The French imperial court architect of the Cologne electors, Michael Leveilly, not only built the magnificent, strictly symmetrical Schloss Arff, but also the Augustusburg Palace and Falkenlust Palace in Brühl as well as the town hall in Bonn. From 1728-1762, Leveilly is named as the successor to the famous architect Johann Schlaun. He was influenced by Francois Cuvillies. One unusual feature of the construction of Schloss Arff was that Leveilly built the main building and the outer bailey at the same time, and also the gardens and enclosure. The facade of the plastered main building with its discreet stucco decoration was repaired in the fifties and sixties and painted in pink and grey mineral tones under the leadership of government architect Karl Band, the restorer of many Cologne churches. In addition, the oak piling foundations under the main building were partially replaced with reinforced concrete in the fifties. The reason for this was the permanent draw down of the groundwater table as a consequence of the opencast lignite mines west of Cologne’s city boundary with Kerpen and Grevenbroich.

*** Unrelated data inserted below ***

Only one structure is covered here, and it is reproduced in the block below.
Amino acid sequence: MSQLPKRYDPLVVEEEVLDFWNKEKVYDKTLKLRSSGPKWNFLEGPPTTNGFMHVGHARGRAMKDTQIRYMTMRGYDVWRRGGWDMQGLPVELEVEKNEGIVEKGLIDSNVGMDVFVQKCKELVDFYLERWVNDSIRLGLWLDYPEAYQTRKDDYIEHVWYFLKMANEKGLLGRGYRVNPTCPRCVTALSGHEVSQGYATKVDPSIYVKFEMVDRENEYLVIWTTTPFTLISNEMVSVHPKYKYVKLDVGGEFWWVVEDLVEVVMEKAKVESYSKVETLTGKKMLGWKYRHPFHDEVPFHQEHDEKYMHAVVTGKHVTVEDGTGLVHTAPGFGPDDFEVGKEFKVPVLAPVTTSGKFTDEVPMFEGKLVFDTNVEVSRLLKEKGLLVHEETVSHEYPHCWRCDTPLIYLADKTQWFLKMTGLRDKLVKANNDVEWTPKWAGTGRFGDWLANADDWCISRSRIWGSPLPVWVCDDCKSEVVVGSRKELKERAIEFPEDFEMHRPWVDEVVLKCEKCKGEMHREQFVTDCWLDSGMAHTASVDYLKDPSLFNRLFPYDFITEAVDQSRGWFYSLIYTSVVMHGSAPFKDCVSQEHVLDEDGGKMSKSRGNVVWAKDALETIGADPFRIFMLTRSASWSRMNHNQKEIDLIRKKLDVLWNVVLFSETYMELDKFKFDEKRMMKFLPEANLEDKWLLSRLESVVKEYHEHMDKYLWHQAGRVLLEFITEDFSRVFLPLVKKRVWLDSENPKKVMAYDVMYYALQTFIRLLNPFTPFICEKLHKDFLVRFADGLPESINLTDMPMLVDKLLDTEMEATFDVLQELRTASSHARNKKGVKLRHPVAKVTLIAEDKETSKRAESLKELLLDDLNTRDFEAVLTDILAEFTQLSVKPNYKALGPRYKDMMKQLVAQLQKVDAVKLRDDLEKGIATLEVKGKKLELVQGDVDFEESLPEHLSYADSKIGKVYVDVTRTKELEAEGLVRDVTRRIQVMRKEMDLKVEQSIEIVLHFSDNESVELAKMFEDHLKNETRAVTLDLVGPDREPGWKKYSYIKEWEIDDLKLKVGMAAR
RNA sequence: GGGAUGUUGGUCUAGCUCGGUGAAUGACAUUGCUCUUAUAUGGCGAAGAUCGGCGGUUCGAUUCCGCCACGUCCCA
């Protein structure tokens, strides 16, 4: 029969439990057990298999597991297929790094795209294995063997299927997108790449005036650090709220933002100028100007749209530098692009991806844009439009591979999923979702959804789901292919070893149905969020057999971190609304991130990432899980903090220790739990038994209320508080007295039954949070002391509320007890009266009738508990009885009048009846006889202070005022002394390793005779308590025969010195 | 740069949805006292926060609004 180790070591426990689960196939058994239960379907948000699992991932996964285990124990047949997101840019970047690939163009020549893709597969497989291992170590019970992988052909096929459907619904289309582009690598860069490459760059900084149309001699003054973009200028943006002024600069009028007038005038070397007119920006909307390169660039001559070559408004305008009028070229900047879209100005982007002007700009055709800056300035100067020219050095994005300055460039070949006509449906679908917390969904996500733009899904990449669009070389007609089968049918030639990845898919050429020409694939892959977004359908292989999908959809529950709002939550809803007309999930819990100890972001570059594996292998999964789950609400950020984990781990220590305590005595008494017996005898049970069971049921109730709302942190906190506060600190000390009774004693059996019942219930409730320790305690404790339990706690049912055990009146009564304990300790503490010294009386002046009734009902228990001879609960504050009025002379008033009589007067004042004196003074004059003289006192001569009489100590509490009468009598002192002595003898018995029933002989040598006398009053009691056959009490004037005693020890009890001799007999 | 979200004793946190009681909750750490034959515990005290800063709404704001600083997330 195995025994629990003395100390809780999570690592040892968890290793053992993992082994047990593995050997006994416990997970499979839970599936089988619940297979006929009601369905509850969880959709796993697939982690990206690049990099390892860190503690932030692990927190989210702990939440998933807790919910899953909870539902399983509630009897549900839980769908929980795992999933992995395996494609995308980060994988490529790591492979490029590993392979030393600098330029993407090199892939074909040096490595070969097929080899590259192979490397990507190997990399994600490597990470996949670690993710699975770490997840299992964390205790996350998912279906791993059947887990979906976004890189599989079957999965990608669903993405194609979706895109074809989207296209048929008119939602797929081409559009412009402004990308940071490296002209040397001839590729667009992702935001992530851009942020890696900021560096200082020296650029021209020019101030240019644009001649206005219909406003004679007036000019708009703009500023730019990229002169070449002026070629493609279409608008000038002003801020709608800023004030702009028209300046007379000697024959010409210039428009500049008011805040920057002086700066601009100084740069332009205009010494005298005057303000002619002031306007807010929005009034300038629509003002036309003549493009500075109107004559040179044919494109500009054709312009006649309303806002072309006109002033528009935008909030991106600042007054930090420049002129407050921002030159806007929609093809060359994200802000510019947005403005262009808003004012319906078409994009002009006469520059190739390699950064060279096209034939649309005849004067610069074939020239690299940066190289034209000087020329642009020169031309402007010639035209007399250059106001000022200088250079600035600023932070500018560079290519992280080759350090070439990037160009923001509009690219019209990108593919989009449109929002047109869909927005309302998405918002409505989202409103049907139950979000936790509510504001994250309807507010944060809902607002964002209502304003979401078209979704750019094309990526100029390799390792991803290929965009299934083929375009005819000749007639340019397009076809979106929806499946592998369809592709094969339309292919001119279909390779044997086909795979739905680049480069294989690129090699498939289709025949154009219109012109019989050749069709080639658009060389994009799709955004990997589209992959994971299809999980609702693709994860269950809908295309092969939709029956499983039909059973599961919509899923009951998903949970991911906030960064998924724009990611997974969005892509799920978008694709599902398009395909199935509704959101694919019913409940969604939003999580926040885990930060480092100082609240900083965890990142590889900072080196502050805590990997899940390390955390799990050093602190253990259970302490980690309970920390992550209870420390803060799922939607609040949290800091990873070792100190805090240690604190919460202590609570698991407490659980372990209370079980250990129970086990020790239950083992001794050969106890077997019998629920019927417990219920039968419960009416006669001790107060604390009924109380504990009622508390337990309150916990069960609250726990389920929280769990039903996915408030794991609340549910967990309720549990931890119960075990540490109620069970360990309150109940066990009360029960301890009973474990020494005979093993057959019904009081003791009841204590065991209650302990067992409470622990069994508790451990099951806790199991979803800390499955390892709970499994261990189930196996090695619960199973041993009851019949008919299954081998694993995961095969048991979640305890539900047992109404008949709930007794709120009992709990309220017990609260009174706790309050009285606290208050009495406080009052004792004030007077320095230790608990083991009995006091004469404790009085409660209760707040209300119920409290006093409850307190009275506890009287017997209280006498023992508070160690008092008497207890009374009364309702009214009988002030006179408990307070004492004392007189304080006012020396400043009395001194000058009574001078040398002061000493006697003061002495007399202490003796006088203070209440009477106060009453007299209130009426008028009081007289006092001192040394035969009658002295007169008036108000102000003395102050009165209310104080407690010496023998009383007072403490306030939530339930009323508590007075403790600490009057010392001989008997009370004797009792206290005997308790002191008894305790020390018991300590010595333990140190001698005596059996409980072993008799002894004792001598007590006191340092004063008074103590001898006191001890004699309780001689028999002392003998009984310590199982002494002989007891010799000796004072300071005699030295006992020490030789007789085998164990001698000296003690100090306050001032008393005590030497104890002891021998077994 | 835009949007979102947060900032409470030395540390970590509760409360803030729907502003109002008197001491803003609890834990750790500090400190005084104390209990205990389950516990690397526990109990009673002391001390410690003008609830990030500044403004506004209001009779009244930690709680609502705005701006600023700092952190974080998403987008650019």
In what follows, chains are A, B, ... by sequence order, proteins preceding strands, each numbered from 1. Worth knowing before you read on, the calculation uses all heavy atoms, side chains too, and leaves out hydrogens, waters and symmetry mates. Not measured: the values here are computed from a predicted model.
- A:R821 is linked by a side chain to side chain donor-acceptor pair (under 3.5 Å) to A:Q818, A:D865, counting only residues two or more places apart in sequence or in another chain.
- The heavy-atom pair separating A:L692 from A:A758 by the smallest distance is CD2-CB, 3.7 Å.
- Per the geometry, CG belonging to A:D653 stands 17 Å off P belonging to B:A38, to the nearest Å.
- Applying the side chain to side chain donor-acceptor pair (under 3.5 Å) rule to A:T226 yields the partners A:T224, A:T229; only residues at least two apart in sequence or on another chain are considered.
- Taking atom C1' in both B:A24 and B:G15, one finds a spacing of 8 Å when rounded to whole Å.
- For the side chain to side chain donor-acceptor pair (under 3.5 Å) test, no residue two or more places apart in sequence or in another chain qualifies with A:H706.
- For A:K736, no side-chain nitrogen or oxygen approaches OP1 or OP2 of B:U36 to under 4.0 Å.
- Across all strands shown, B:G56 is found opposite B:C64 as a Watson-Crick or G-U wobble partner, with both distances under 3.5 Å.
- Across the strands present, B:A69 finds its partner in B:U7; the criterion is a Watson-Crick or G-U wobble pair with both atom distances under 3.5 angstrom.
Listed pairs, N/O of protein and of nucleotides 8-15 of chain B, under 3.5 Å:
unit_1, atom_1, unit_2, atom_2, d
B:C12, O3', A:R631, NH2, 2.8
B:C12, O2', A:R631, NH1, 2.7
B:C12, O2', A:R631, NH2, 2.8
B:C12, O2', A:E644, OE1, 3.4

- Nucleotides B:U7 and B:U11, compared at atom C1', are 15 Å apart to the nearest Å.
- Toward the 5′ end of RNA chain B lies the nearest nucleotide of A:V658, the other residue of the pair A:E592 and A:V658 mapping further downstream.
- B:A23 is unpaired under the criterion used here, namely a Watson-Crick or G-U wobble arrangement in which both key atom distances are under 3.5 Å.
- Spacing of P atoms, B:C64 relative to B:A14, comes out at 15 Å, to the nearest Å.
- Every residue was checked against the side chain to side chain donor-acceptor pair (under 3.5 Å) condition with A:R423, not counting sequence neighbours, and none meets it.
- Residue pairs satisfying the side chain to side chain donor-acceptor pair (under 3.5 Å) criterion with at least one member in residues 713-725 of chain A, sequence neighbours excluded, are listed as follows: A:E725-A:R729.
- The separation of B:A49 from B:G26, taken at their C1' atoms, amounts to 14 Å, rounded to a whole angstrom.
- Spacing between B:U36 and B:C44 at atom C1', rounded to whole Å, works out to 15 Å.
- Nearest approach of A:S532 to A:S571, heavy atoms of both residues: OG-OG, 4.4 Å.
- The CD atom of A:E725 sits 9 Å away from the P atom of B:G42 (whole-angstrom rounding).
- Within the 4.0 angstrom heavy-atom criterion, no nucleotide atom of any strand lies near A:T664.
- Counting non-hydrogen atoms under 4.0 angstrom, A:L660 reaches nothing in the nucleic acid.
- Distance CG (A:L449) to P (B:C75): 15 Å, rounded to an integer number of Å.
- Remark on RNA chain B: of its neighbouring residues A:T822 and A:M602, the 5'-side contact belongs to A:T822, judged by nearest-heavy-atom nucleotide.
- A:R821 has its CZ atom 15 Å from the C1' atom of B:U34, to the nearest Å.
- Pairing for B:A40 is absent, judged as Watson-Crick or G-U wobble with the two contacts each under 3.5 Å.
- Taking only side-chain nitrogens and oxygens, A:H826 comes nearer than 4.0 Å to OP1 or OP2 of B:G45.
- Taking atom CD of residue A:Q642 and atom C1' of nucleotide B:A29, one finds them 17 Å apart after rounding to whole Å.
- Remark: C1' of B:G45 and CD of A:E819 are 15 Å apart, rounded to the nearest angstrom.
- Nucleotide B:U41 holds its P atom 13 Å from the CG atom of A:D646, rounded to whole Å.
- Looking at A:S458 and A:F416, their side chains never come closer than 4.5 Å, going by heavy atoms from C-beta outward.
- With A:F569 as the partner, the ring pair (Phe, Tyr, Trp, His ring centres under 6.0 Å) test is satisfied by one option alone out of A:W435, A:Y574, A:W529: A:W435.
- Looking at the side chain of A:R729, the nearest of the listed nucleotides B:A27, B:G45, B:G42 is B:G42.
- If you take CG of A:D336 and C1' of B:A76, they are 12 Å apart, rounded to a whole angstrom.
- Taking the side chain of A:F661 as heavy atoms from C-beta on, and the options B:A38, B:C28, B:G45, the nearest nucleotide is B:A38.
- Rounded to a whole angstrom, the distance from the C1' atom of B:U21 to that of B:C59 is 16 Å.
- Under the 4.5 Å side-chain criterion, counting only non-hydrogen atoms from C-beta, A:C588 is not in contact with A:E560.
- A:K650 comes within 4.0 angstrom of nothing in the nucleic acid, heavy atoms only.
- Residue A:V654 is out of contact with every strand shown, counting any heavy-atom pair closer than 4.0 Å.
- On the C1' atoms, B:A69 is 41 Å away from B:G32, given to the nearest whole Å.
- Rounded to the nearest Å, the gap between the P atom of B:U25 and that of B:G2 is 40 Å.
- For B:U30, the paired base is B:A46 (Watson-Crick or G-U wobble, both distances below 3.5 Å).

In recent years, the Freiherr Geyr von Schweppenburg family had been looking for an heir to Schloss Arff. A direct niece of Freiherr Geyr von Schweppenburg wanted Schloss Arff to stay in the family. So a plan was made that this niece would take over the house and estate in order to make it accessible to the public again. The transfer of ownership was made in 2015 and since then Schloss Arff has been owned by the Freiherr von Landsberg-Velen family. After extensive renovations and the conversion of the former stables into an “event barn”, Schloss Arff has been available for events of all kinds since January 2020. Since this date, Wolkenburg GmbH has been responsible for marketing the event venue and organising and holding the events.